Our Anniversary Trip is over, and we had a wonderful time.  It was an easy trip home, spreading it over a couple of days.  Robin’s knee behaved really well, we weren't quite sure how he would cope with all that driving on the long trip.  The weather was quite mixed, there were a few nice days, but we certainly had our share of wind and rain. Gemma seemed to enjoy her time away too.    The campers next to us saw we had a Birman and were very keen to see her.  They had four Birmans at home!


Gemma in the caravan

Tuesday, November 7, 2023

Our Big Day

Sunday arrived, our 40th Anniversary.  After breakfast, we drove out to one of the things on our “must do” list, the Redwoods Treewalk.  Driving into the carpark, we noticed walkways in the trees above criss crossing overhead.  Tickets purchased, we were given a briefing about allowable numbers on the walkways and platforms, and don't touch the trees as it can harm the bark, we were on our way up the spiral walkway.


The start of the walk

We weren't sure how we would both manage up in the tree tops, but it was very easy walking indeed.  The platforms had seating if needed, but I was unaware that the walkways were in fact swing bridges!   All very sturdy, and no problem really.  With 28 bridges and 27 platforms we slowly made our way around the redwoods, stopping to read the information boards at the platforms.  There were plenty of people down on the forest floor on  the walking tracks, and the forest is free entry for recreational users.


The bridges, and looking down onto the undergrowth

The walkway is suspended from the trees using a specially designed sling, which carefully wraps around the trunks without causing any harm.  The slings can be easily adjusted to allow for the growing trees.  Another feature of the forest is the Nightlights Walk and we spotted several of the lanterns on our walk which are illuminated in the evenings. The redwoods and other exotic species were planted in 1901 as an experiment to see if they would be suitable as a timber crop, to save our native forests from being milled.  But the trees grew too fast here in NZ conditions and the timber was too soft for commercial use.  A friendly couple took our photo standing in front of the tallest tree on the walk, 246ft high, and 7ft in girth.


High up in the tree tops

For all you Royal lovers out there, we came cross an info board telling of the visit of Harry and Megan to this attraction in October 2018.  By all accounts, Harry was most impressed. 


Royal visit 2018

The walk was very enjoyable and I’m pleased we finally achieved it.  Back to the van for a rest, then it as time to get into our glad rags and head out to for a ride on the Skyline Gondola, which started operations in 1985.  The ride was silent as we glided upwards, with great views of Rotorua spread out below.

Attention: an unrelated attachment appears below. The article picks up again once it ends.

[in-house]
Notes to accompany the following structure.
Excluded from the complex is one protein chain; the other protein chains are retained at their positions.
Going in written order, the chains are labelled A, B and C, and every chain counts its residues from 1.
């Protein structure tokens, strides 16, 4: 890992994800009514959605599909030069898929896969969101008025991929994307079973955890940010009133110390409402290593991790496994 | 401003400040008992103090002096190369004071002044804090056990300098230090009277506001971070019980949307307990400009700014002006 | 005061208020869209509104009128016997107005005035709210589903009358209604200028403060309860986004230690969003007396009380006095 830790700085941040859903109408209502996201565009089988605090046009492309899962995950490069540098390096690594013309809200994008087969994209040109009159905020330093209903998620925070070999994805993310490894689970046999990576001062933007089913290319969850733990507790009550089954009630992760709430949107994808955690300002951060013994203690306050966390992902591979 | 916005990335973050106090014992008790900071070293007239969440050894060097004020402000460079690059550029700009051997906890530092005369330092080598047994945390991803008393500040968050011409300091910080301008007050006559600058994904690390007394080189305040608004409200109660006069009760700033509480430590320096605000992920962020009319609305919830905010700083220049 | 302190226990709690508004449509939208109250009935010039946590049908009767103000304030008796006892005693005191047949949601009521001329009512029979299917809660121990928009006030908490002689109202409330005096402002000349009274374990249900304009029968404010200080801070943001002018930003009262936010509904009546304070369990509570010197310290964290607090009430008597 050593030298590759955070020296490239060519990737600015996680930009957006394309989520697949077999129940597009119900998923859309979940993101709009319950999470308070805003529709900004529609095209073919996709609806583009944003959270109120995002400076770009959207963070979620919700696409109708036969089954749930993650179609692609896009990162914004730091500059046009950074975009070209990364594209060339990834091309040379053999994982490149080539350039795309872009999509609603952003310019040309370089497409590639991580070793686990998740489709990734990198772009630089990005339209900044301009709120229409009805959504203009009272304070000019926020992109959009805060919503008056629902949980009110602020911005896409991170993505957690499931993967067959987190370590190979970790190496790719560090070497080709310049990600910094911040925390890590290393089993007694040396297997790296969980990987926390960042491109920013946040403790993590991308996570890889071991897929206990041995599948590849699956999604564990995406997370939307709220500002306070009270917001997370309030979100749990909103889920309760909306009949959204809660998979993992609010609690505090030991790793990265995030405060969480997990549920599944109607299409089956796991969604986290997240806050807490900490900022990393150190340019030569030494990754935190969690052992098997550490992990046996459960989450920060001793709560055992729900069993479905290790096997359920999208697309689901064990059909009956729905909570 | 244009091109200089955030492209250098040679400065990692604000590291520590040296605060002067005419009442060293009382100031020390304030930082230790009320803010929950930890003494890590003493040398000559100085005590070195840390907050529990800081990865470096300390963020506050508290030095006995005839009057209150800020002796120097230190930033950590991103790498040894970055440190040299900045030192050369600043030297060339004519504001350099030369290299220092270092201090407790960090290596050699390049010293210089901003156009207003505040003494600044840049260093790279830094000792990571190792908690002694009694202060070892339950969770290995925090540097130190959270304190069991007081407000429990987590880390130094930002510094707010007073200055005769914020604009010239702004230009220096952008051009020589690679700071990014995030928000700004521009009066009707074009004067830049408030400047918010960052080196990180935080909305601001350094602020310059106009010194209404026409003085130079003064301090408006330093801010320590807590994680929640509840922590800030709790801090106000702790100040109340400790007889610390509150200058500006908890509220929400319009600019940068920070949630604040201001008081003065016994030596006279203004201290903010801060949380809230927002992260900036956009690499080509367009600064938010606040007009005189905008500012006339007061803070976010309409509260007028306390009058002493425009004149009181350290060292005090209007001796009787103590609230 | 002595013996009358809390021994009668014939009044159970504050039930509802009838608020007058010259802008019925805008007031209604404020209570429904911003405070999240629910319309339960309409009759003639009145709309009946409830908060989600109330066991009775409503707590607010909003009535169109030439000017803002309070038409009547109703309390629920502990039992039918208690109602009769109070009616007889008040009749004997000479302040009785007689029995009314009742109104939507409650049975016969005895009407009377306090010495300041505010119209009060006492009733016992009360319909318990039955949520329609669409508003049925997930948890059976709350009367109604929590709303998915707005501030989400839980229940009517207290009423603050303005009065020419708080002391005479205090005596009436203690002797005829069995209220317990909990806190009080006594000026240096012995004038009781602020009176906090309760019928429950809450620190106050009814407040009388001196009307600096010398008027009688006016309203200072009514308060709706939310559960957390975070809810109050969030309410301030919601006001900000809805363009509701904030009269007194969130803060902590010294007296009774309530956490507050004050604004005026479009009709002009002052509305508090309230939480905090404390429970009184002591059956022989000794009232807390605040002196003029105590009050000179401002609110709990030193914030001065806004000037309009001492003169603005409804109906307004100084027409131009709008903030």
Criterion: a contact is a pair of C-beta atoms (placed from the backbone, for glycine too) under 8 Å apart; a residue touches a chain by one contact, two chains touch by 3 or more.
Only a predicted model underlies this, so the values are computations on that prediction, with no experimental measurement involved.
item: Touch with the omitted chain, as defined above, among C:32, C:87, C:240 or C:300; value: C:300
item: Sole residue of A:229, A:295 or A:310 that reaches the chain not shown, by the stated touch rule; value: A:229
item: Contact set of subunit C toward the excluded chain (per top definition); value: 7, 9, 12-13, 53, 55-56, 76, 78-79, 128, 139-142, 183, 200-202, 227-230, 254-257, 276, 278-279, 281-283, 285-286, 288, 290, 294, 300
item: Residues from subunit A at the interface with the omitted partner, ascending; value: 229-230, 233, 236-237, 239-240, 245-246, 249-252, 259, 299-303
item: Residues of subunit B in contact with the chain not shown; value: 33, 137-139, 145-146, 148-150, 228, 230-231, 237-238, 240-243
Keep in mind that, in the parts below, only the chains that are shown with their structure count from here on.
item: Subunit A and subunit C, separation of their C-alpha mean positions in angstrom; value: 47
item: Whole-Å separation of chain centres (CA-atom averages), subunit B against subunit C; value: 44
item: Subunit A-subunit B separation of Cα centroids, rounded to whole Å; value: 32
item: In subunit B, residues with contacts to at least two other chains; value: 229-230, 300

Up we go

Our Anniversary Dinner was at the Stratosfare Restaurant at the top of the gondola, and what a great place it was.  There was a queue of people ahead of us, and we were soon welcomed into the restaurant and taken to our window table, by a very attentive staff member.  With a glass of bubbly to hand, we then checked out the extensive buffet. The restaurant was quite full, and had a lively atmosphere as people chatted at their tables, gazed out the large windows, or selected their food from the buffet.


Fine dining indeed

The food was wonderful, we must say.  With plenty of overseas visitors to cater for there were many Asian dishes on offer, as well.  I tried a selection of Asian cuisine as my starter,  very tasty indeed to try something new to me and quite different.


There were plenty of choices for the main course, and as expected, a wonderful selection  of desserts too, including my favourite, crème caramel.


Many delicious dessert choices

Just as we had finished a cup of coffee each, and nibbled on some cheese and crackers, our waitress appeared carrying a tray which she presented to us.  On the tray were some extra dessert goodies, Happy Anniversary written in chocolate, and a card signed by the staff.  Guess we had mentioned our special occasion, and we were overwhelmed with the thoughtfulness of the management for doing this for us.


Such a lovely thought

After such a wonderful meal, we hopped on one of the gondola cars for our downward journey, and drove 5kms or so back to camp.  It had indeed been a wonderful evening.

Not so for poor Gemma, she  was quite agitated with the noise of  fireworks outside.  Our anniversary date is 5th November, Guy Fawkes night, the time for lighting bonfires and letting off noisy crackers.  She settled down once we returned, thank goodness.  There have been calls to ban fireworks altogether here, because of injuries and fires, and the noise upset animals, with farm animals frightened and often running into fences and injuring  themselves.